The Netherlands Is Taking Russia To Court Over MH17 Crash

The Netherlands is reportedly gearing up to file a suit against Russia. The lawsuit would be submitted to the European Court of Human Rights concerning the shooting down of MH17 in July 2014. The flight was being operated by a Malaysia Airlines Boeing 777 with 298 occupants onboard.

MH17, Russia, Court Case
Six years since MH17 was downed, the Dutch Government is taking Russia to court. Photo: Getty Images

Next Friday will mark six years to the day since Malaysia Airlines flight 17 was shot down while flying over Ukraine. The Dutch Safety Board issued its final report on the crash back in October 2015. While the Dutch prosecution service has charged four people with murder in connection with the crash, however, none were in attendance when the criminal case opened in a Dutch court earlier this year.

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Taking Russia to the European Court of Human Rights

According to Reuters, there has today been a development in the MH17 story. The publication reports that the Dutch government will be taking Russia to the Strasbourg Court.

In a statement issued on the Dutch government’s website, Stef Blok, the Dutch foreign minister said,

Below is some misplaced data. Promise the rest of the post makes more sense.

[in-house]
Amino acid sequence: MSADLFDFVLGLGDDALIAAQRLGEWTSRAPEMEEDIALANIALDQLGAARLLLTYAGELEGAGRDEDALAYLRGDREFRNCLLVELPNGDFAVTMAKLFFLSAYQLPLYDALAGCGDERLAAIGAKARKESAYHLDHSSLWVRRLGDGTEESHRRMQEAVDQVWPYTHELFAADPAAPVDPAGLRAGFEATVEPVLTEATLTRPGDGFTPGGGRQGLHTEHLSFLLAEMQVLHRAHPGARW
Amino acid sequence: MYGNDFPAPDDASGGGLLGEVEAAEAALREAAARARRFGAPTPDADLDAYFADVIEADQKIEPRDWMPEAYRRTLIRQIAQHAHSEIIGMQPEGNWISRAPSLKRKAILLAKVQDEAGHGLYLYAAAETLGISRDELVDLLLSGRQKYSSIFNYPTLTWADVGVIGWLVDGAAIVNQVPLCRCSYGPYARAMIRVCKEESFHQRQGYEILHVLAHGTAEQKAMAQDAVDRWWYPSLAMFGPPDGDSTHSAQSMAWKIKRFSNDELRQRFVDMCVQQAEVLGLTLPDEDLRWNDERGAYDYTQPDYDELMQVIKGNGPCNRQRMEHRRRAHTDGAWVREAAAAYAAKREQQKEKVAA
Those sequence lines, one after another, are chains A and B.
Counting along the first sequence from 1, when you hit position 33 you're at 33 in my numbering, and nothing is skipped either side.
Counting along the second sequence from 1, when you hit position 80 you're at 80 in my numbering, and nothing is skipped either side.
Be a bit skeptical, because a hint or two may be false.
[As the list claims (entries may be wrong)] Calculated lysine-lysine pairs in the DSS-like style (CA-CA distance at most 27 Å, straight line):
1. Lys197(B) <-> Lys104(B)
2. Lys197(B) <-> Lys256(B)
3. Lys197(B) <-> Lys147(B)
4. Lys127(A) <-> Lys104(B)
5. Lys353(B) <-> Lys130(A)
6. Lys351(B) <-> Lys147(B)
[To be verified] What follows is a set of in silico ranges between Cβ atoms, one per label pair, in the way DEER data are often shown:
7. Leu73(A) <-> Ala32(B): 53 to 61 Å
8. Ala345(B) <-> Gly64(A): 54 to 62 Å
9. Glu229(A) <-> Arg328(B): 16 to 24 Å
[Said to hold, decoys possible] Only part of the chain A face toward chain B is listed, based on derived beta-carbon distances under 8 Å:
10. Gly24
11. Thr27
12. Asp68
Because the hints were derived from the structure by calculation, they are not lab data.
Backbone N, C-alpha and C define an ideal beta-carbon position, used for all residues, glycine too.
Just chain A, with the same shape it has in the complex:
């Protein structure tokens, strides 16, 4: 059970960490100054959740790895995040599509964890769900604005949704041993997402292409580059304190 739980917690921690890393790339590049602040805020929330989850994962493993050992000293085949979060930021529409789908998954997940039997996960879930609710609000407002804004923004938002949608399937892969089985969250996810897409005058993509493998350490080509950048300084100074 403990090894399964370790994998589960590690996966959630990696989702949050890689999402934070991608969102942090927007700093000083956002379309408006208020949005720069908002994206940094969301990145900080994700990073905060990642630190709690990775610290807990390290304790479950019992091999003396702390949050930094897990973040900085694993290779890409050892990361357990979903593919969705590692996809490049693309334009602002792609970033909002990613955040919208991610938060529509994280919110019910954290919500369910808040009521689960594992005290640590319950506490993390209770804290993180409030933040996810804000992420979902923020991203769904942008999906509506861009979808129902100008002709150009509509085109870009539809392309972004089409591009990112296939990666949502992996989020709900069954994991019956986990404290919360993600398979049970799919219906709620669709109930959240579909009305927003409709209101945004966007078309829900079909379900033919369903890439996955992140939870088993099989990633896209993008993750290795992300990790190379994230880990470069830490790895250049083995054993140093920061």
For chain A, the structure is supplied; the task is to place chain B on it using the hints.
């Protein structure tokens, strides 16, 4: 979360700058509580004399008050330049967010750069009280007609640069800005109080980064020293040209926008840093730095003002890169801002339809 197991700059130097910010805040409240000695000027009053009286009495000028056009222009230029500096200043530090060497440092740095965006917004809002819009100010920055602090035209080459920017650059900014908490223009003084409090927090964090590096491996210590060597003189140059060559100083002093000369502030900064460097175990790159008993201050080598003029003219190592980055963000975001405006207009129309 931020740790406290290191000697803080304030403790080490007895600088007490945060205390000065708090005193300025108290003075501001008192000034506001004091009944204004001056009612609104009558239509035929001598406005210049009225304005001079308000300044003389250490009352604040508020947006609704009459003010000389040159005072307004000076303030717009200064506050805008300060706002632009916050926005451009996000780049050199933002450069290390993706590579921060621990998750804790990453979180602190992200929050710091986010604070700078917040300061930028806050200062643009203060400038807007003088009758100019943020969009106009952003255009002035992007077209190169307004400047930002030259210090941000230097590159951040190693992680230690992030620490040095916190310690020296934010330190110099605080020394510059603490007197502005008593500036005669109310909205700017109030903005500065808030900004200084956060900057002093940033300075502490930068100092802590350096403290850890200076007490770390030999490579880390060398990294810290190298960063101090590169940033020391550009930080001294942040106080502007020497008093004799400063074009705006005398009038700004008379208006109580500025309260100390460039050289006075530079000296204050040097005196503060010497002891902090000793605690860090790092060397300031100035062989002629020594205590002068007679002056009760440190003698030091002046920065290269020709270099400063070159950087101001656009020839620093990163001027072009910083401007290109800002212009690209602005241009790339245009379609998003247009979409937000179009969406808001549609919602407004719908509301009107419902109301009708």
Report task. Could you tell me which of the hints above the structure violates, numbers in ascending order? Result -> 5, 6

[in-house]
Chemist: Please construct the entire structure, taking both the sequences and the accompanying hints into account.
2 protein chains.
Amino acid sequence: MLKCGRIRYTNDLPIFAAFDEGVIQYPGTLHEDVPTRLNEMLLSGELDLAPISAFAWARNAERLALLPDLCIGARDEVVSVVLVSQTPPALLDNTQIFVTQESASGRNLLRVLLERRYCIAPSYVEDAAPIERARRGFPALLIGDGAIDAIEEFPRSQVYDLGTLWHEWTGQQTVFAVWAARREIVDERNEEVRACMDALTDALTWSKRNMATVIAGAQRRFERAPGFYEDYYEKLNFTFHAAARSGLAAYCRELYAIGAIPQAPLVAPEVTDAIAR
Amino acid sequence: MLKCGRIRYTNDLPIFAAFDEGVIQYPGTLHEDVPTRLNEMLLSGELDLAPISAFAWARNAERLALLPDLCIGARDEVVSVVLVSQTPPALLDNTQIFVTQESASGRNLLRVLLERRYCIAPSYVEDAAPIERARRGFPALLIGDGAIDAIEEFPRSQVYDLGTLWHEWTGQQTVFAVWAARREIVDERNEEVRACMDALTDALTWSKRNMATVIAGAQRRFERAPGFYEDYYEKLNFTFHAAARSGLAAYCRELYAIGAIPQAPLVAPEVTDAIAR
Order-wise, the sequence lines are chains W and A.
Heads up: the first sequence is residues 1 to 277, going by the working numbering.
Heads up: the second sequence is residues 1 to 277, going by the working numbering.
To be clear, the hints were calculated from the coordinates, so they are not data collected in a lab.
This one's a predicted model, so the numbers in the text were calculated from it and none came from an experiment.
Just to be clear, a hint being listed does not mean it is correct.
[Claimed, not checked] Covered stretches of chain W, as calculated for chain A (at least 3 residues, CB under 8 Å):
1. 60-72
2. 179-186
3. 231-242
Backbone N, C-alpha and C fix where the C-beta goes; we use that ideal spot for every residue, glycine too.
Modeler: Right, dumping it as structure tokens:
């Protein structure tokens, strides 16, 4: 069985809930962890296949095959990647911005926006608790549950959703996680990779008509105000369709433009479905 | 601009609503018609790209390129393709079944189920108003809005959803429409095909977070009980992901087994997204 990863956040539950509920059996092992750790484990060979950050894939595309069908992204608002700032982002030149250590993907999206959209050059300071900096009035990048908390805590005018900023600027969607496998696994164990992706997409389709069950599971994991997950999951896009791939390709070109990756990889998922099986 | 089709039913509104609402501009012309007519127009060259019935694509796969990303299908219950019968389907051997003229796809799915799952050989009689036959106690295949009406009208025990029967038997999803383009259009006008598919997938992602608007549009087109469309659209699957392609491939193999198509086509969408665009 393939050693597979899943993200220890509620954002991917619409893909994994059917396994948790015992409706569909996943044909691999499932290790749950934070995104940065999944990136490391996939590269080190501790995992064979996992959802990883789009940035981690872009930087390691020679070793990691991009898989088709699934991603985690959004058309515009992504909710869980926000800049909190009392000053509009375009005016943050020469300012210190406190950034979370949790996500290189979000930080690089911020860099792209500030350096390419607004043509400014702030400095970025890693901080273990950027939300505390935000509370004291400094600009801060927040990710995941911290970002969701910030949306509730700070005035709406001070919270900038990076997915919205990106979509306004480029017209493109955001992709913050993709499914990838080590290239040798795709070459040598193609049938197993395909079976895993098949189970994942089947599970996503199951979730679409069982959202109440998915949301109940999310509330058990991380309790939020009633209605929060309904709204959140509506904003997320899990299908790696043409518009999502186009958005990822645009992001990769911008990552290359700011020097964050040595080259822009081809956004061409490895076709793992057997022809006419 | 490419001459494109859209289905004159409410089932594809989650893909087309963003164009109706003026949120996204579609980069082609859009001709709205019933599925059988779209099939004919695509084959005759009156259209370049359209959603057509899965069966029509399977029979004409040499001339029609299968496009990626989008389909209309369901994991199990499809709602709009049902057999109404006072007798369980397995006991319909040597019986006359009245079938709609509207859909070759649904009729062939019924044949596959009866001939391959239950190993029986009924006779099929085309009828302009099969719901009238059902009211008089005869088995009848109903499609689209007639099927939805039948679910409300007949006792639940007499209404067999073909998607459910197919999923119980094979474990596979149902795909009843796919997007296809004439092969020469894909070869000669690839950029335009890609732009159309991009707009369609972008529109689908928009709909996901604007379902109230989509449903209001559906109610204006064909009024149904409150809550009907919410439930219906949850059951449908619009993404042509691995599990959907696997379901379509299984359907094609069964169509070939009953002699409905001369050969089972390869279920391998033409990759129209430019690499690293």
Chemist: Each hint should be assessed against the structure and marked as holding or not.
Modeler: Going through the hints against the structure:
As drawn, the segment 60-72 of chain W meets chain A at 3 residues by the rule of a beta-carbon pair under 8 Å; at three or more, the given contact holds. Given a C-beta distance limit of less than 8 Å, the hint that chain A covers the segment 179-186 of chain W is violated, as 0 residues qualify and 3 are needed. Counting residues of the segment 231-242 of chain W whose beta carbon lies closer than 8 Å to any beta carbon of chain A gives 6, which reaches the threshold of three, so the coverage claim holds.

“Achieving justice for 298 victims of the downing of Flight MH17 is and will remain the government’s highest priority,”

MH17, Russia, Court Case
The Dutch foreign minister, Stef Blok, announced the suit today. Photo: Government of the Netherlands

A look back at the incident

So, what happened to MH17? The crash occurred on July 17th, 2014. The aircraft involved, a Boeing 777 registered as 9M-MRD, was due to fly from Amsterdam’s Schiphol Airport to Kuala Lumpur International Airport in Malaysia. There were 298 occupants on the aircraft, 283 passengers and 15 members of crew. Sadly everybody perished in the crash.

Flight MH17 departed from Schiphol at 12:13 local time. The flight was fairly uneventful until around three hours into the trip. At 16:20 local time, the flight was passing overhead Ukraine at 33,000 feet, preparing to cross into Russian airspace.

At 16:20, a ground-to-air missile was launched near to the aircraft. The weapon exploded just outside the plane. Shrapnel from the rocket caused an explosive decompression. The aircraft separated into three main parts and fell mainly into fields near the Ukrainian village of Hrabove.

MH17, Russia, Court Case
The aircraft (not pictured) was shot down over Ukraine. Photo: Getty Images

Later findings

In May 2018, the investigative team representing several nations announced that the missile launcher that downed MH17 came from Russia. The next day, the Dutch government issued a statement stating that the country was responsible for the downing of the flight.

At the time, Mr. Blok said,

“On the basis of the JIT’s conclusions, the Netherlands and Australia are now convinced that Russia is responsible for the deployment of the Buk installation that was used to down MH17. The government is now taking the next step by formally holding Russia accountable.”

In March of this year, a murder trial for the four individuals charged with the downing commenced in the Netherlands. However, this was suspended later that month to give the defense more time to prepare for the case. The case resumed on June 8th.

What do you make of this latest legal action? Let us know your thoughts in the comments!